New investments could bring about the next generation of autonomous vehicle sensing.

Sydney-based startup Baraja has secured $45.7 million in funding from Sequoia China, Blackbird Ventures and the CSIRO Innovation Fund.

Baraja is pushing “a novel LiDAR system that uses prism-like optics and shifting wavelengths of light to create powerful eyes for self-driving vehicles”.

Baraja’s LiDAR connects a wavelength-tuneable laser to prism-like optics using optic fibre cable.

When light reaches the optics, it is naturally deflected in different directions, so it does not require rotating lasers or moving mirrors.

By changing the colour – or wavelength – of the laser, the system can scan different angles instantaneously, with a high level of detail and adaptability.

Baraja says its LiDAR is “software-defined, meaning it can be directly controlled and reconfigured by perception algorithms in response to changing environments and driving conditions, allowing for better safety and a quicker path for self-driving vehicles to go to market”.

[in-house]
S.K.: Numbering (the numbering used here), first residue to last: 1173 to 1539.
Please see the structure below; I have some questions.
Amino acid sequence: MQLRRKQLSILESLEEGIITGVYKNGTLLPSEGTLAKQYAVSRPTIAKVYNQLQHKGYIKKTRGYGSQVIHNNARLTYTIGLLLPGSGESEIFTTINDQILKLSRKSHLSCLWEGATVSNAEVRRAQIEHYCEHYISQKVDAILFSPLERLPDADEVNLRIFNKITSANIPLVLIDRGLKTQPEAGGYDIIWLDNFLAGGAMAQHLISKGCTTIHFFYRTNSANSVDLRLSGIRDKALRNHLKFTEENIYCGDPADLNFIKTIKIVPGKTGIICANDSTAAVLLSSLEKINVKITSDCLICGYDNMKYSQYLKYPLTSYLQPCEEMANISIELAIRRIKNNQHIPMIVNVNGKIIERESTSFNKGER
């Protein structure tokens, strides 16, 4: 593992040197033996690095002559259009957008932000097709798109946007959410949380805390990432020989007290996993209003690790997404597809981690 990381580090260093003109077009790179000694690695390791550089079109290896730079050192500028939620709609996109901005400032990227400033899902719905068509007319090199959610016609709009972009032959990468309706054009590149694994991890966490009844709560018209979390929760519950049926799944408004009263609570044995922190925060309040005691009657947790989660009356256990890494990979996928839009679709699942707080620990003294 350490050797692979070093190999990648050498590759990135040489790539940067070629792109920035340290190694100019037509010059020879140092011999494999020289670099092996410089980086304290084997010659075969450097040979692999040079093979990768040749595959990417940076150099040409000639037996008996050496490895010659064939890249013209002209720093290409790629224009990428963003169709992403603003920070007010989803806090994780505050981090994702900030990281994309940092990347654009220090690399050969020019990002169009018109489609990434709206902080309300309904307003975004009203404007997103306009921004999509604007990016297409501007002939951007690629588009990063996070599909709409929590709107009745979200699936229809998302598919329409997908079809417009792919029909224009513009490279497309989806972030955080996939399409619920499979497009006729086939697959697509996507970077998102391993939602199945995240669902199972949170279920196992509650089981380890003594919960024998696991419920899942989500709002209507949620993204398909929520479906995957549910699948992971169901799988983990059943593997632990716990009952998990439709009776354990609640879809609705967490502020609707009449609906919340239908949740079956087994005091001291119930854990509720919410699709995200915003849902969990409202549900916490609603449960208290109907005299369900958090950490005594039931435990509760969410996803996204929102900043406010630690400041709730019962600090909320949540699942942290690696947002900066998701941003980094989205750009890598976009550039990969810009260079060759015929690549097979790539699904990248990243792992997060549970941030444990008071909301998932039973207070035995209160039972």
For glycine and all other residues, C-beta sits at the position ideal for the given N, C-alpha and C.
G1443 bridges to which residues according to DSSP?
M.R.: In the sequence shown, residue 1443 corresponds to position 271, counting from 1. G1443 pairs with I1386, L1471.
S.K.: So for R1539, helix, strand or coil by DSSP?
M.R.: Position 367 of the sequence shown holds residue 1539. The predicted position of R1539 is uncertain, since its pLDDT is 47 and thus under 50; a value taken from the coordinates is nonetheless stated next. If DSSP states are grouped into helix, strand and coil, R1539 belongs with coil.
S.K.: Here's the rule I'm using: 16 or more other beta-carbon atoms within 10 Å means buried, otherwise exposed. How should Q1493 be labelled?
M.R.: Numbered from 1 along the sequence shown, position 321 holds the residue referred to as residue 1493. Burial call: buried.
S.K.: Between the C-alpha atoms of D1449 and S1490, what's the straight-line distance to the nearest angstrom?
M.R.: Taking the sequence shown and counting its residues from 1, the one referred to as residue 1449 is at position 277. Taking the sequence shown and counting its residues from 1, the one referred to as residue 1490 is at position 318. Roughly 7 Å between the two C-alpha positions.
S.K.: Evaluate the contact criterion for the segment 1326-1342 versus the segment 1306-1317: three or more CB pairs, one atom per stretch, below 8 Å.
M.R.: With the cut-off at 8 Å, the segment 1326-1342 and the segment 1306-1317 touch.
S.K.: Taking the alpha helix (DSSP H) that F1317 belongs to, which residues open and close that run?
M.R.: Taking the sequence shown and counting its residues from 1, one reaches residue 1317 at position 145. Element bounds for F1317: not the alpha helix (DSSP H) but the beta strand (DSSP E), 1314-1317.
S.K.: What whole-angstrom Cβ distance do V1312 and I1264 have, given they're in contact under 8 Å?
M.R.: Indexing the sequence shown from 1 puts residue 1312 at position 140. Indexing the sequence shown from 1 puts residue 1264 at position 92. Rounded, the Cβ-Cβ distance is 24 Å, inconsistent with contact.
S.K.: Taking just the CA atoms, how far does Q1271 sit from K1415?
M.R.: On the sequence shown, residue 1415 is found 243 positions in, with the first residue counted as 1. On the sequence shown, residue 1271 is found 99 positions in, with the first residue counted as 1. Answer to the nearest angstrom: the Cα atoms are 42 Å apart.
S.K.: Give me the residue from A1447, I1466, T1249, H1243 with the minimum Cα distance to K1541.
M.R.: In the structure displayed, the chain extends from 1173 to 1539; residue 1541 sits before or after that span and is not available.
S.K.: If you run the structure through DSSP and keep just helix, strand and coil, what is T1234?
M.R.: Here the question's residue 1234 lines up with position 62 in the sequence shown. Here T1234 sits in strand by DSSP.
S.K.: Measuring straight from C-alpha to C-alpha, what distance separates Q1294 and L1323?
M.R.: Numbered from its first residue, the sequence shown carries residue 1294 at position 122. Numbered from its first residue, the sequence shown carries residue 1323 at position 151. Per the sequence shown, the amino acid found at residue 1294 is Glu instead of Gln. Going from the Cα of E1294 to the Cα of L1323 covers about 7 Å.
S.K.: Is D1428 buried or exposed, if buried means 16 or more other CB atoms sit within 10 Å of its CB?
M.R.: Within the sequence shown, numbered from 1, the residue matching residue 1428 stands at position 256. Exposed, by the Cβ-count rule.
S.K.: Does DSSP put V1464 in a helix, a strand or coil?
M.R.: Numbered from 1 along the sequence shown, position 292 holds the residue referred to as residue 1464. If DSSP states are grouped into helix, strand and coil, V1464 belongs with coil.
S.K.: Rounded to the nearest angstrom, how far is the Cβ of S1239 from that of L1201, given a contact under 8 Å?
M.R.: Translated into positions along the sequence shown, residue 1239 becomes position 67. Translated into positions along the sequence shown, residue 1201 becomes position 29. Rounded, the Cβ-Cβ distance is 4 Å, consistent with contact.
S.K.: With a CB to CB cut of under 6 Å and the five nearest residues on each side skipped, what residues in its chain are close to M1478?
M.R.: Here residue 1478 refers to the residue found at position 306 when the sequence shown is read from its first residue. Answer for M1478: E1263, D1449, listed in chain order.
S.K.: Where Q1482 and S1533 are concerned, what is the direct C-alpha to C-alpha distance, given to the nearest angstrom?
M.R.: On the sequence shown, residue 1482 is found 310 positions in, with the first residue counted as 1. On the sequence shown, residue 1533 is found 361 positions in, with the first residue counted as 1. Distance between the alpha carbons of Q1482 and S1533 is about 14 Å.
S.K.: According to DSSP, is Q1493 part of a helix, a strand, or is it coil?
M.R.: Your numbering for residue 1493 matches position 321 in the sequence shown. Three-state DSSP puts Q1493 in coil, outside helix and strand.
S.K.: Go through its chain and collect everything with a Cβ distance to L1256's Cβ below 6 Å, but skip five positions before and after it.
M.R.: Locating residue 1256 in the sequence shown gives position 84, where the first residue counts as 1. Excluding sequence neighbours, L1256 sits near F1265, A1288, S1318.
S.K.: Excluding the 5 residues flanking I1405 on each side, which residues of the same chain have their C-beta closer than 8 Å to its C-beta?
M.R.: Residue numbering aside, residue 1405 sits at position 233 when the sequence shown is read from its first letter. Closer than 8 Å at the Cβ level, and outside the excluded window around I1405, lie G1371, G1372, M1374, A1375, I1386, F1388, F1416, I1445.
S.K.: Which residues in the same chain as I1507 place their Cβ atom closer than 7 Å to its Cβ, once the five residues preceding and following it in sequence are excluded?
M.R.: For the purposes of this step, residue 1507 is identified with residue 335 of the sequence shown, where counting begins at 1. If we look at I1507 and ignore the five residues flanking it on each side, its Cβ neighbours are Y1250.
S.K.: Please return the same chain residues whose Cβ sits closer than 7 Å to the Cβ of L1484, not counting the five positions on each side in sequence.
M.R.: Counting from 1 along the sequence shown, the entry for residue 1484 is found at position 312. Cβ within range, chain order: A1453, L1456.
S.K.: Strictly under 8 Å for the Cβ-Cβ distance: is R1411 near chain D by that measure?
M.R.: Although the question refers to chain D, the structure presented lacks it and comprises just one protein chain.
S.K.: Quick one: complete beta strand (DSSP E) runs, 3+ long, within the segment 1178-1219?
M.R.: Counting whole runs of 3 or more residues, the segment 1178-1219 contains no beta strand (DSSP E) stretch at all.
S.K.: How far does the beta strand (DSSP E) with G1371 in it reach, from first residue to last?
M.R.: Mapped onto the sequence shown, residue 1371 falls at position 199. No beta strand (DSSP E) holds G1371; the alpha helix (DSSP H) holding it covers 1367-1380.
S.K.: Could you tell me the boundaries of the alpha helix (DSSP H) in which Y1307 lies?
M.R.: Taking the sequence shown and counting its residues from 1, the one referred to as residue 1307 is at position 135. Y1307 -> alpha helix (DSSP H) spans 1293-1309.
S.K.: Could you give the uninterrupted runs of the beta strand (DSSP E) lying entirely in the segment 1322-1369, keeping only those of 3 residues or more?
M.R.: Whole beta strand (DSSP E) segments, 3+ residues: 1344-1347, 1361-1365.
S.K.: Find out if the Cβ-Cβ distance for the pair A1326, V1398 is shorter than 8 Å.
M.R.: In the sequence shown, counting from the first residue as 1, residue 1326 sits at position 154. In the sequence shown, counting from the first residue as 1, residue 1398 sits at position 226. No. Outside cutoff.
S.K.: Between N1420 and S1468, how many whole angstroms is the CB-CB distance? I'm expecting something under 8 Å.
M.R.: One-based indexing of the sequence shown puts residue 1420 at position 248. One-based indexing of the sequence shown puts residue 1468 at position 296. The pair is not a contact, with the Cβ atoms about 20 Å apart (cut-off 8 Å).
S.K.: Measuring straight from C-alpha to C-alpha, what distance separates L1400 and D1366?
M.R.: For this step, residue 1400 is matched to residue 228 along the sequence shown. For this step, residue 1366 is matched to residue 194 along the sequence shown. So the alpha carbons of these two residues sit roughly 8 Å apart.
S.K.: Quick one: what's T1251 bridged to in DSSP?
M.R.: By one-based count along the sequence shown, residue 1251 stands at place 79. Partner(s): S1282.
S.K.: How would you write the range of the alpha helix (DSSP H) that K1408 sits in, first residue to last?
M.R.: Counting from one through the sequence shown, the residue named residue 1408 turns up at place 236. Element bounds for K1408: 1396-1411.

The company said in a statement that the new money would be used to “scale production, hire talent and continue its mission to enable safer autonomous driving.”

“Baraja’s spectrum-scan LiDAR solution is a completely new category of LiDAR technology that dispenses with expensive, spinning lasers,” says Steven Ji, who joined Baraja’s board of directors as part of the deal.

“Everyone understands the challenges for traditional LiDAR. They’re prohibitively expensive, difficult to manufacture at scale, and need to be incredibly robust.

“These problems need to be solved for the fully-autonomous vehicle to become a reality, which is why we’re so excited to be working with Baraja.”